As policy makers across our country grapple with the new reality of having to find significant carbon 'savings' throughout the daily economic life cycle of Canadians, public transit has suddenly become a major "cause célèbre." Despite the serious budget crunches and very limited system expansion plans in most of our cities, everyone now seems to be talking about how to get more commuters out of their cars and into buses and subways.
In Toronto these past few months, there has been a great deal of chatter about refurbishing subway stations, squeezing more people into newer and roomier subway trains, improving the customer experience and introducing 'smart' payment cards. Similar conversations are taking place in every major Canadian city and the ultimate objective is the same everywhere: make transit a more popular, accessible and natural choice for all urban dwellers.
We're obviously playing serious catch-up here. Canadian cities, much like those of our American neighbours, were not necessarily envisioned, designed or taxed with mass transit at their core. While in most of the rest of the world private automobiles and urban road systems have always been expected to play a support role to mass transit systems, North American cities were designed in exactly the opposite way. Cars led; buses and trains simply helped.
So the carbon crunch and the sudden change in expectations and priorities across our major cities now represent a serious new challenge for our urban administrators. How do we shift millions of Canadians from cars to transit if we don't have the spare capacity or the spare funds to quickly expand capacity? How do we improve the commuter experience as we try to squeeze even more people onto the same platforms and trains? And how do we accomplish all this without draining public funds even faster than we're doing it today?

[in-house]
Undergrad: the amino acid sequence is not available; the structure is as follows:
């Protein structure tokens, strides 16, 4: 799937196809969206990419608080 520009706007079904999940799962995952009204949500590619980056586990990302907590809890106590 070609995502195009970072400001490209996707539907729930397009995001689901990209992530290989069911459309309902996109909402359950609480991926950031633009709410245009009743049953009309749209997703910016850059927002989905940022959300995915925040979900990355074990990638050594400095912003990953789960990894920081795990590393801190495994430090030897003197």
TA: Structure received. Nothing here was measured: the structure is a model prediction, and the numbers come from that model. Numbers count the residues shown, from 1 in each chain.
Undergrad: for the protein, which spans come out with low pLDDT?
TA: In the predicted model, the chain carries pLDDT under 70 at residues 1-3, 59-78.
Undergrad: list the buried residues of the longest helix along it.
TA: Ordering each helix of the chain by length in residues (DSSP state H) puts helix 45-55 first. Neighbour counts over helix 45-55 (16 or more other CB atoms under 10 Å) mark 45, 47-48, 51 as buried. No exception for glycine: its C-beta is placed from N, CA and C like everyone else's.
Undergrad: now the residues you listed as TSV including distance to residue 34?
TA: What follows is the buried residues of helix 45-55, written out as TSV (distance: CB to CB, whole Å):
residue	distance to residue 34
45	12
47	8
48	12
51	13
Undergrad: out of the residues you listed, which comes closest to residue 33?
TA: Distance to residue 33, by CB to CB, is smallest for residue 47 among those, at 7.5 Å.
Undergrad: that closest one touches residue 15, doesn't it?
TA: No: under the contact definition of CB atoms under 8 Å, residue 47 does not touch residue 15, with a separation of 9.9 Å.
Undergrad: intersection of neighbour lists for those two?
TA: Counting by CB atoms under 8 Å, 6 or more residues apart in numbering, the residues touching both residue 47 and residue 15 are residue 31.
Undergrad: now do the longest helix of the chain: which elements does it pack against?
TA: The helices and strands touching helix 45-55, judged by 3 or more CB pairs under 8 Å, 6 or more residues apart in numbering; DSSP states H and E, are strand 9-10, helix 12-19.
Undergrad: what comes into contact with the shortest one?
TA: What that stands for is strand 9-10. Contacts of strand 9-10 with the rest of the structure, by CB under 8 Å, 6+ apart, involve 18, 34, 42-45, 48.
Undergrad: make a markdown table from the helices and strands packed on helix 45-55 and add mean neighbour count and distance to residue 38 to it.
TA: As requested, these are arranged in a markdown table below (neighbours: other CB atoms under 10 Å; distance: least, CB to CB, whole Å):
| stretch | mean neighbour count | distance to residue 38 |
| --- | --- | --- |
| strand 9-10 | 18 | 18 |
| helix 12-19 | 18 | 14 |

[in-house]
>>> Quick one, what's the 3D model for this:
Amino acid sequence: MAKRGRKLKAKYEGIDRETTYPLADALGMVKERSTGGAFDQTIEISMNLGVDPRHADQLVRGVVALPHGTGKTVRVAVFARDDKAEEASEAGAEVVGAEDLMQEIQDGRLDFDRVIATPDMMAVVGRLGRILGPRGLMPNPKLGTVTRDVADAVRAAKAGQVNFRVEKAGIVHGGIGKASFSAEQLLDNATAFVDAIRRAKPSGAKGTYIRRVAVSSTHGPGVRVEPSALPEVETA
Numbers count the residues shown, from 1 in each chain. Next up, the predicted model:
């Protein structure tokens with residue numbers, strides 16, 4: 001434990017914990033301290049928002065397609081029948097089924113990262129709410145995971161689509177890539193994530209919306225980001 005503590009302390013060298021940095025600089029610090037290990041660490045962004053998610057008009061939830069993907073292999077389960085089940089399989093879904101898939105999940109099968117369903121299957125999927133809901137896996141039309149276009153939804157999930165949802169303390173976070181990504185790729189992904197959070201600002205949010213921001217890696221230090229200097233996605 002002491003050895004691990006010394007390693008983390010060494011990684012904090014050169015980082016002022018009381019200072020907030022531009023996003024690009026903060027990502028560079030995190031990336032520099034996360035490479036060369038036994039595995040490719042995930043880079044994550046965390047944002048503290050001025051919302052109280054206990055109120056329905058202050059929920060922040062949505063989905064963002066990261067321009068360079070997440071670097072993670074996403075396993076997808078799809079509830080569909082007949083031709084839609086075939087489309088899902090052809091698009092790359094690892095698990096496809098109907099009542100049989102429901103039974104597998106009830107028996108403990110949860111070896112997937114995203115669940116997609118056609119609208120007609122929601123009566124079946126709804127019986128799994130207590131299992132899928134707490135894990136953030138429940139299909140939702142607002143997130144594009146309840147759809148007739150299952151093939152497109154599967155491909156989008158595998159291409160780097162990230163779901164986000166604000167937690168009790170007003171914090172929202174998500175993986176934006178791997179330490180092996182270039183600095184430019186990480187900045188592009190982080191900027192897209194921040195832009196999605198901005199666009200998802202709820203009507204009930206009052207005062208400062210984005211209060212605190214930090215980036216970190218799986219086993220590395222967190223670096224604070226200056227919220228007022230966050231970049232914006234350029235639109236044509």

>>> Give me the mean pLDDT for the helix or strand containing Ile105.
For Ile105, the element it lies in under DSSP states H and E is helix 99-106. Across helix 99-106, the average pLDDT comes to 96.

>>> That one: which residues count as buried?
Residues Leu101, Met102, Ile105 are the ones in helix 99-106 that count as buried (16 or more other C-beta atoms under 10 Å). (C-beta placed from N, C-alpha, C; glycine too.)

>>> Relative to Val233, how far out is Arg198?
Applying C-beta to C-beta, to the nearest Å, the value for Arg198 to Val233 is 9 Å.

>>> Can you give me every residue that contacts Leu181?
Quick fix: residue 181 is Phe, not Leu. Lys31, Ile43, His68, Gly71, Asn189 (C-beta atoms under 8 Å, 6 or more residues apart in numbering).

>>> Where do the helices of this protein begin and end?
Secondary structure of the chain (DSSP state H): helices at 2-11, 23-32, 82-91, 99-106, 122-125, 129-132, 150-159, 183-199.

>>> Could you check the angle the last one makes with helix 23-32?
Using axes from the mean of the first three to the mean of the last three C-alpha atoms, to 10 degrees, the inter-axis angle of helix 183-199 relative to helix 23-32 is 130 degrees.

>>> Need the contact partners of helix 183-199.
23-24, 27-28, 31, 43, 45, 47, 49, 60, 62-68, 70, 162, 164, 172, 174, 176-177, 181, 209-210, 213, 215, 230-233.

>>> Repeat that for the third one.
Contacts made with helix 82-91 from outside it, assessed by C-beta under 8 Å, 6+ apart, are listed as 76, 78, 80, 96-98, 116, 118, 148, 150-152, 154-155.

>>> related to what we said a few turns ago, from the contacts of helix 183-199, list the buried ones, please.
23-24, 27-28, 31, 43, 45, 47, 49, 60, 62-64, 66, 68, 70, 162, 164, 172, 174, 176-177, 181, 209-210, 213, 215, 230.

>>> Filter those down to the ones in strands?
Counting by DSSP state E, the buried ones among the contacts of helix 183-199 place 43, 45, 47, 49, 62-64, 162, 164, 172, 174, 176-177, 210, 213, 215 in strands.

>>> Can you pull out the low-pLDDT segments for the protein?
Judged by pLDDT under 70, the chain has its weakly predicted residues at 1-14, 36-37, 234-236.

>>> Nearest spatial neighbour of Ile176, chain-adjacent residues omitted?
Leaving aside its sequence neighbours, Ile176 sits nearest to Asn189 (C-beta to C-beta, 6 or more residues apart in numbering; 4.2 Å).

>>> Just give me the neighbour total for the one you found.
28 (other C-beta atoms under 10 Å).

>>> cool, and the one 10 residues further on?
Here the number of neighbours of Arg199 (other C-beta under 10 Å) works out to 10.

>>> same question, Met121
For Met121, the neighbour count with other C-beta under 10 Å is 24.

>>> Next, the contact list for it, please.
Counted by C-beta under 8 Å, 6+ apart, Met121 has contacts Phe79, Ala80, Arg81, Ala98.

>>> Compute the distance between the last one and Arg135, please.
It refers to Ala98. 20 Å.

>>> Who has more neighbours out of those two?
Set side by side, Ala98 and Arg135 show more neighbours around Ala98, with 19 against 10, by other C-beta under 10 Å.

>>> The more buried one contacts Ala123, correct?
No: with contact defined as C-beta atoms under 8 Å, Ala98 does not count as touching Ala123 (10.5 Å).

To their credit, city administrators across the country are discovering and pulling on all sorts of interesting levers. They're finding ways to attract private sector capital through innovative partnerships, they're uncovering operational efficiencies by modernizing payment systems and equipment and they're working hard to contain labour costs and disruptions.
But, when you think about it, those are all just incremental solutions -- and while each of them can make a modest difference and help squeeze a few more smiling passengers onto buses or save a few more pennies, none can truly change our commuting landscape.
The only big lever, the one that can really change our country's relationship with its transit infrastructure is us. Yes, us!
Our daily lifestyles, our commuting patterns, our transit-shopping choices -- those all represent great opportunities for transit planners because the smallest shift in the behaviour of millions can make a huge difference for a mass transit system.
Imagine all the extra revenue for transit providers if one million more Canadians started taking transit to do their weekend shopping, instead of driving to the mall? Or the massive capacity relief (and room for extra revenue) if one million more Canadians commuted to and from work during non-peak hours? Or the operational savings if one million more Canadians found a better way to buy tickets or passes, instead of lining up at a ticket booth?
The best way to influence the behaviour of millions is through simple, targeted incentives -- especially when, as a nation, we are known to be among the world's biggest followers of loyalty and incentive programs.
In a tiny experiment last year, the Toronto Transit Commission offered its monthly pass customers a small incentive if they bought in advance a whole year's worth of monthly passes (giving the TTC the double benefit of more predictable revenues and less pressure at their ticket booths at the end of each month); the results were absolutely spectacular -- their sales went up by 57 per cent!
In a similar experiment a few months ago, the transit authority in Montreal began to offer its customers a small incentive if they simply purchased their monthly pass off-peak and off-line (from a participating retailer, instead of the transit ticket booths); once again the response was incredible.
Bigger ideas are often simple and affordable. Instead of resigning ourselves to the traditional view that it will take a lot of money and time to change our car-dependent cities, let's just think creatively. We have more than enough to work with, already.
Follow Andreas Souvaliotis on Twitter: www.twitter.com/souvaliotis